Herefordshire People: The Women's Institute: Making Our Voices Heard

PUBLISHED: 16:16 09 February 2010 | UPDATED: 15:14 20 February 2013

WI

WI

The Women's Institute is continuing its long tradition of campaigning on issues that matter to us all.

The Women's Institute is continuing its long tradition of campaigning on issues that matter to us all.

Say "WI", and the immediate image is often one of ladies jam-making and singing Jerusalem. Many ladies still do both; I for one wield my jam pan several times a year making marmalades, jams and chutneys, and we all sing "Jerusalem" with great gusto at our national AGM.
But did you know that since the first Women's Institute was formed in 1915, its members have campaigned on a wide variety of issues concerning all aspects of rural life and the environment?
WI mandates have always been relevant to the current situation, and some that were proposed many years ago remain relevant. We fought against the closure of post offices in 1971 and, unfortunately, we still need to protest about this threat..
But if I asked you what do "feathers in hats", "screening for breast cancer", "litter", and "schooling" have in common, you might not realise that the answer to this is also "The WI".
Way back in 1921, WI members thought there was an excessive use of exotic birds' feathers in hats, and encouraged members to support the Plumage Bill that was going through Parliament. "Keep Britain Tidy" was formed in 1955 because of WI campaigning; and it was due to pressure from the WI that in 1975 clinics for breast cancer screening were set up.
In the 1970s the WI "urged Her Majesty's Government and Local Authorities to restrict the closure of small schools after considering the effects not only on the children but on village communities as a whole". So the WI added its voice of protest when, recently, the people of Herefordshire were told of the proposed imminent closure of many schools.
But what are the new issues at the beginning of the 21st century? Environmental awareness and "green" issues are very much in the forefront. Last year the WI set a challenge to all its members to reduce their carbon footprint by signing up to the "WI Carbon Challenge", and to date nearly 10,000 have done so. This includes using locally sourced produce - an easy option in Herefordshire - which will cut transportation costs; reducing one's own travel; and using less power within the home and working environment.
We are concerned about excess packaging of food-stuffs, the overuse of plastic carrier bags, and the amount of rubbish being generated but not recycled. A well-attended information day about all the varied methods of composting was held recently by HFWI.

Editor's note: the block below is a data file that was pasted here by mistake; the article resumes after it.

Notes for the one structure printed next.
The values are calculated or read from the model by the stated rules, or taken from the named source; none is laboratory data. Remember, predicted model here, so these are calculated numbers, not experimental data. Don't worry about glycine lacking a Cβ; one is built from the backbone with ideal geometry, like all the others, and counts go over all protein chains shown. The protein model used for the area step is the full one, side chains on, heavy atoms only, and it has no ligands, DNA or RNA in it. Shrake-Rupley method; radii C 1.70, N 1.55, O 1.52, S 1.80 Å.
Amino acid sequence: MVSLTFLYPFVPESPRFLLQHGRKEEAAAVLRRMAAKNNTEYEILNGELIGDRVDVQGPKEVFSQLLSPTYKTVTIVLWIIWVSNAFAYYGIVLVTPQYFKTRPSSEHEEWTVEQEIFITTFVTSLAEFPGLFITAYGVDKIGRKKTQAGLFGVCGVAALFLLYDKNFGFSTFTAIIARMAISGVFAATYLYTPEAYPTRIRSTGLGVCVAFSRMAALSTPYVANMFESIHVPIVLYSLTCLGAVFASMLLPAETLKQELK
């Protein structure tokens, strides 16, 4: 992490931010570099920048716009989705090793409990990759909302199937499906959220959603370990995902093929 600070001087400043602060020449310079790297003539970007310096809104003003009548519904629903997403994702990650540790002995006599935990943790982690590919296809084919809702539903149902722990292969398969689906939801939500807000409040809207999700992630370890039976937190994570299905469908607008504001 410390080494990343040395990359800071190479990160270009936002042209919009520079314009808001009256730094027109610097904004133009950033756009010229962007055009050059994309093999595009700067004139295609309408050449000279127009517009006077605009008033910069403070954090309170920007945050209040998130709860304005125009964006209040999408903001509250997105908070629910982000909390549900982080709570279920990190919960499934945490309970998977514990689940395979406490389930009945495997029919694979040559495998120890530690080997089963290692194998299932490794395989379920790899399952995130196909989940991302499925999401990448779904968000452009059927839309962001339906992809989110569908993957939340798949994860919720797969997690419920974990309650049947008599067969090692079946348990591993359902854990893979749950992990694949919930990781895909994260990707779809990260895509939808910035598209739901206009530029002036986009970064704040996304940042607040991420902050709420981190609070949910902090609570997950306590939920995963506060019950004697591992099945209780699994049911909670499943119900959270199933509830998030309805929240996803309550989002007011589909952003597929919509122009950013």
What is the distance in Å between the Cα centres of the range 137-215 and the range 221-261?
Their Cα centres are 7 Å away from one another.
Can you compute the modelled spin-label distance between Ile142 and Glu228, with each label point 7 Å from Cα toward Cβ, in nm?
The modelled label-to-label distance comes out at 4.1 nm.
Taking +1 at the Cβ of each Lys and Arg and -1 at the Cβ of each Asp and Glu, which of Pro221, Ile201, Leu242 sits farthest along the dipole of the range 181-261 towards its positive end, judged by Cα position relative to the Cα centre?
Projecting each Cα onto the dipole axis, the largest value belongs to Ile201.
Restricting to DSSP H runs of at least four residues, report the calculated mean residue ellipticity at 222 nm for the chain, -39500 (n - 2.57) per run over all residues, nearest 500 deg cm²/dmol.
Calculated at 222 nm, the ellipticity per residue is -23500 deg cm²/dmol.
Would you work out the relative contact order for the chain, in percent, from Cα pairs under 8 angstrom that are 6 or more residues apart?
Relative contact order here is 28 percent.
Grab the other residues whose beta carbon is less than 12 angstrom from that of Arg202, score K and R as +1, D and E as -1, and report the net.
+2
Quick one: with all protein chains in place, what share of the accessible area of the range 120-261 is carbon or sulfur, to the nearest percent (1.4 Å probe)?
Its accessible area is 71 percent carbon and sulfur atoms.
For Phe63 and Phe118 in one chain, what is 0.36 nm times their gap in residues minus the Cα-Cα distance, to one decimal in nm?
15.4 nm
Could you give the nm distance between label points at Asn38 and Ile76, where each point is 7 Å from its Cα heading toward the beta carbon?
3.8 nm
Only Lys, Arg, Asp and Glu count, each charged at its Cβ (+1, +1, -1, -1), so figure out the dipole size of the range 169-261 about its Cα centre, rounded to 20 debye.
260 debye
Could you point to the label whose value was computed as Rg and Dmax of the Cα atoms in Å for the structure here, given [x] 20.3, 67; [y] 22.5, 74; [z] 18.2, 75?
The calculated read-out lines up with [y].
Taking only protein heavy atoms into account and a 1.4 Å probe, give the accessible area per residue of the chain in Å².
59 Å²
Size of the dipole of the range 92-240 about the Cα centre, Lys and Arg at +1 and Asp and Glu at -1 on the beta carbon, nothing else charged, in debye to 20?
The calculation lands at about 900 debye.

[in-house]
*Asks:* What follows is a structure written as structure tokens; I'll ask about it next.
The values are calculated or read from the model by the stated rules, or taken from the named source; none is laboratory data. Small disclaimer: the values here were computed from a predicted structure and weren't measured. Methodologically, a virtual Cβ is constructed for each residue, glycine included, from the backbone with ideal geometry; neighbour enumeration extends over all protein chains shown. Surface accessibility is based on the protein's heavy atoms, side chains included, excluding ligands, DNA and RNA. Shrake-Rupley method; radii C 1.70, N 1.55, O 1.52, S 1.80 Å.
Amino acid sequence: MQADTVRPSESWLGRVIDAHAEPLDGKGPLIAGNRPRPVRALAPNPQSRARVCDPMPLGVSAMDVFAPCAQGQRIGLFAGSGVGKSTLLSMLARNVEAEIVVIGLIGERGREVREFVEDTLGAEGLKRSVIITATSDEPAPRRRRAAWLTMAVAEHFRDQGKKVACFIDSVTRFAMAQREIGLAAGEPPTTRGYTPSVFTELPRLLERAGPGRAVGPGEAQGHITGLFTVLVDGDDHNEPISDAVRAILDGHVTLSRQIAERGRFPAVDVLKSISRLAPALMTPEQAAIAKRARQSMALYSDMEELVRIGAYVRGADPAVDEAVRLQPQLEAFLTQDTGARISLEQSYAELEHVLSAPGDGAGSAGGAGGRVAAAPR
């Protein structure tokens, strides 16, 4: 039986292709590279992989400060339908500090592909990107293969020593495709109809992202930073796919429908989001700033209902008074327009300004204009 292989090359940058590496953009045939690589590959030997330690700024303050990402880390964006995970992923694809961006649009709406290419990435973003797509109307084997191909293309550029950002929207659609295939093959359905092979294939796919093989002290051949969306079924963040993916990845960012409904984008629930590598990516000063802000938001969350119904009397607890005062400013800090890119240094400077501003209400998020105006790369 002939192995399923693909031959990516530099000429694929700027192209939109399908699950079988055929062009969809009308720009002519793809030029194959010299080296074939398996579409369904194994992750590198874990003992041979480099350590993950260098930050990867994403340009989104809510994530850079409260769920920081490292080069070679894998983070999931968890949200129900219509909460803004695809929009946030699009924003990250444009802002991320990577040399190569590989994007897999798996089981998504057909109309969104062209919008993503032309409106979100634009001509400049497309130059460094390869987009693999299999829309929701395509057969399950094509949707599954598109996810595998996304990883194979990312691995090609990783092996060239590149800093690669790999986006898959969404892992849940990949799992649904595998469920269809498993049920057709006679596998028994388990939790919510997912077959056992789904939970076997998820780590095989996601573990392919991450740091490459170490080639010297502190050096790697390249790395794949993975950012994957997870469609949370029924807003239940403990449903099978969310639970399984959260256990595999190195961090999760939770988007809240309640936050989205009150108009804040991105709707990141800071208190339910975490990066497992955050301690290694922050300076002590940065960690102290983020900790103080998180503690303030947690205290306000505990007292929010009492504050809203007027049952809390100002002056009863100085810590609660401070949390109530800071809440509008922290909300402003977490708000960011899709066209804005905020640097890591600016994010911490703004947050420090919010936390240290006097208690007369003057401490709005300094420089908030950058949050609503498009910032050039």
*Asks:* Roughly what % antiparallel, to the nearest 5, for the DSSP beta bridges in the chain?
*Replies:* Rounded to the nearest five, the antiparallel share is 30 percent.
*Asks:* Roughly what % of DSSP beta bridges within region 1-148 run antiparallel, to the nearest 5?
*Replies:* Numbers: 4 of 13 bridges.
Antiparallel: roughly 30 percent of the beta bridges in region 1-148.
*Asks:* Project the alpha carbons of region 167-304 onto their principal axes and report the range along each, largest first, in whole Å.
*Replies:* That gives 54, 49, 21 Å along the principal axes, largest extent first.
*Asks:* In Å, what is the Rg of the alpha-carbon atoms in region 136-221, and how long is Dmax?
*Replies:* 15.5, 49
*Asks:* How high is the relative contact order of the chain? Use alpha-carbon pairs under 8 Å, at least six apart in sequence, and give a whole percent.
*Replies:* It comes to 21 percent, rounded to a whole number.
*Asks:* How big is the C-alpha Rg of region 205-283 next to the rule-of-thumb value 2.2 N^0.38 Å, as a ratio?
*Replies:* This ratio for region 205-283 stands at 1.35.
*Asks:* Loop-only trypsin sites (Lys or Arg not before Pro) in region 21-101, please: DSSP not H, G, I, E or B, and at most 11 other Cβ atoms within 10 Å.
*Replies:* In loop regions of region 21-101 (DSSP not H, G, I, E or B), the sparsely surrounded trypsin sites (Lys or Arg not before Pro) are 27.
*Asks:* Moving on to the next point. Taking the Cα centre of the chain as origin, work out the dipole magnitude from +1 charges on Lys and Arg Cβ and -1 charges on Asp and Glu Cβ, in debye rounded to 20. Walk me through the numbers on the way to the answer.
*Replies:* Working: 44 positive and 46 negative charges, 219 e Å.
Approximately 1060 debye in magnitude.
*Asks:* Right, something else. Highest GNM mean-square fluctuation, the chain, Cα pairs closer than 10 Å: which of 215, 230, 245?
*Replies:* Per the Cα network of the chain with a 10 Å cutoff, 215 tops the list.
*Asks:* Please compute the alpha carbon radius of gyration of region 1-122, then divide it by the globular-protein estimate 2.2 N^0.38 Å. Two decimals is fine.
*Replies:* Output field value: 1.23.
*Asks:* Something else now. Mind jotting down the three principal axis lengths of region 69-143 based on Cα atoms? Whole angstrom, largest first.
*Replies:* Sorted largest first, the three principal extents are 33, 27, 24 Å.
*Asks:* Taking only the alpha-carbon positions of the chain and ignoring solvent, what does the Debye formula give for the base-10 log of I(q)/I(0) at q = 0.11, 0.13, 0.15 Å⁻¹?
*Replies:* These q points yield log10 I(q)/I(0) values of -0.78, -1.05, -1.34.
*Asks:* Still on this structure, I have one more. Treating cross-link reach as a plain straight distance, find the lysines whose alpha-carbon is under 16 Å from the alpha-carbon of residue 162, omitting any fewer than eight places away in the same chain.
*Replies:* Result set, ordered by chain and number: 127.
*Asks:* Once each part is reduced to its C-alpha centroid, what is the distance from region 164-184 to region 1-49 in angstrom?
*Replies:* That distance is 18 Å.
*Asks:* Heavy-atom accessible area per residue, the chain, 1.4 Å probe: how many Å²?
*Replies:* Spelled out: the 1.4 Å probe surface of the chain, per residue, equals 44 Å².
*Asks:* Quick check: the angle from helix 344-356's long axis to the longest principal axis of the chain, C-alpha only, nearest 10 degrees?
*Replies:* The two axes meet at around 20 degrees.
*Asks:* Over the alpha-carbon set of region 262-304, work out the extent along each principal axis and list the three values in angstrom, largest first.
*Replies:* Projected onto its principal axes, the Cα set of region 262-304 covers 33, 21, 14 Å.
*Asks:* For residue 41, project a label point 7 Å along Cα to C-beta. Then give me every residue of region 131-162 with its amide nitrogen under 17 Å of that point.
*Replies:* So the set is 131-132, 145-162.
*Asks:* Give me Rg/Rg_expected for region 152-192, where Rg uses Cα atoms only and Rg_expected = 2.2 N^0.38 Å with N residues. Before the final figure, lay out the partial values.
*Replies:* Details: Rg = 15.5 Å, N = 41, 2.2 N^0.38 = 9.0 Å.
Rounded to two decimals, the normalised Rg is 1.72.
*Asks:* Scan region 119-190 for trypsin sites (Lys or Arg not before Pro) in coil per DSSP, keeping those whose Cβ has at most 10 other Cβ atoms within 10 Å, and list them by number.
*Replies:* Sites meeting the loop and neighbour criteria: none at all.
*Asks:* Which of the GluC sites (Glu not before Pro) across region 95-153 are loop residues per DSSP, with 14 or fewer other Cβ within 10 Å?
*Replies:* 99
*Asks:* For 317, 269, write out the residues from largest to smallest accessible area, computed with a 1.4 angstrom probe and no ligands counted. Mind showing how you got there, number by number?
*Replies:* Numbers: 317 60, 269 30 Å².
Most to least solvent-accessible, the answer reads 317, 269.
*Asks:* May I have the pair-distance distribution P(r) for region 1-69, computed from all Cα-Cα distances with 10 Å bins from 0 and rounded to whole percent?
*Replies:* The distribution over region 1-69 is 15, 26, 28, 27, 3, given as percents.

And last year, the Herefordshire Federation, together with the NFU, held a public meeting to raise awareness of the unfair difference between the retail price of milk and the price paid to the farmer.
Whereas in the 1920s we were concerned about birdlife, this year, at the National AGM, WI members will be discussing the problems of bottom-trawling of the seabeds, which causes catastrophic loss of marine life. Also on the agenda is the inappropriate imprisonment of the severely mentally ill.
So when you think of the WI, don't think just of jam, but also of a campaigning group of ladies who are making their voices heard.

Where does our food come from?

This is the Year of Food and Farming, and what better way to celebrate it than to involve children, which Moccas WI did in March. They invited children from three local toddler groups (Moccas, Madley and Staunton-on-Wye) to an activity morning in the village hall.
The children sowed cress seeds in an eggshell, which they could then take home to watch them grow; they decorated cakes, learning where the ingredients came from; and they made Shaun the Sheep paper plates and made cut-out pictures of farm animals and equipment.
Outside the hall the youngsters were introduced to livestock brought by local farmers. There were free-range hens, ewes and lambs for everybody to see and touch, and to learn how they were being reared in the Herefordshire countryside.
To finish the morning off the children and mums took part in egg and spoon races.
Afterwards Moccas WI President, Julia Whittall, said "These young children were able to have fun as well as try and understand a little more about the food they eat, and where it comes from. I think many of the parents learned something too!"




DIARY

During the next few months WI members in Herefordshire will be:

Learning about and walking round the market town of Leominster
Visiting the Welsh National Assembly buildings in Cardiff
Appreciating ballet
Travelling to Liverpool for the National AGM
Visiting the historic city of Amsterdam
Walking the Begwyns

For more information about the WI in Herefordshire please visit the WI website at www.thewi.org.uk, or contact us at WI House on 01432 272268

( 3 images supplied: Herefordshire WI members with their environmentally friendly bags.

Toddlers at the Year of Food and Farming morning in Moccas.)

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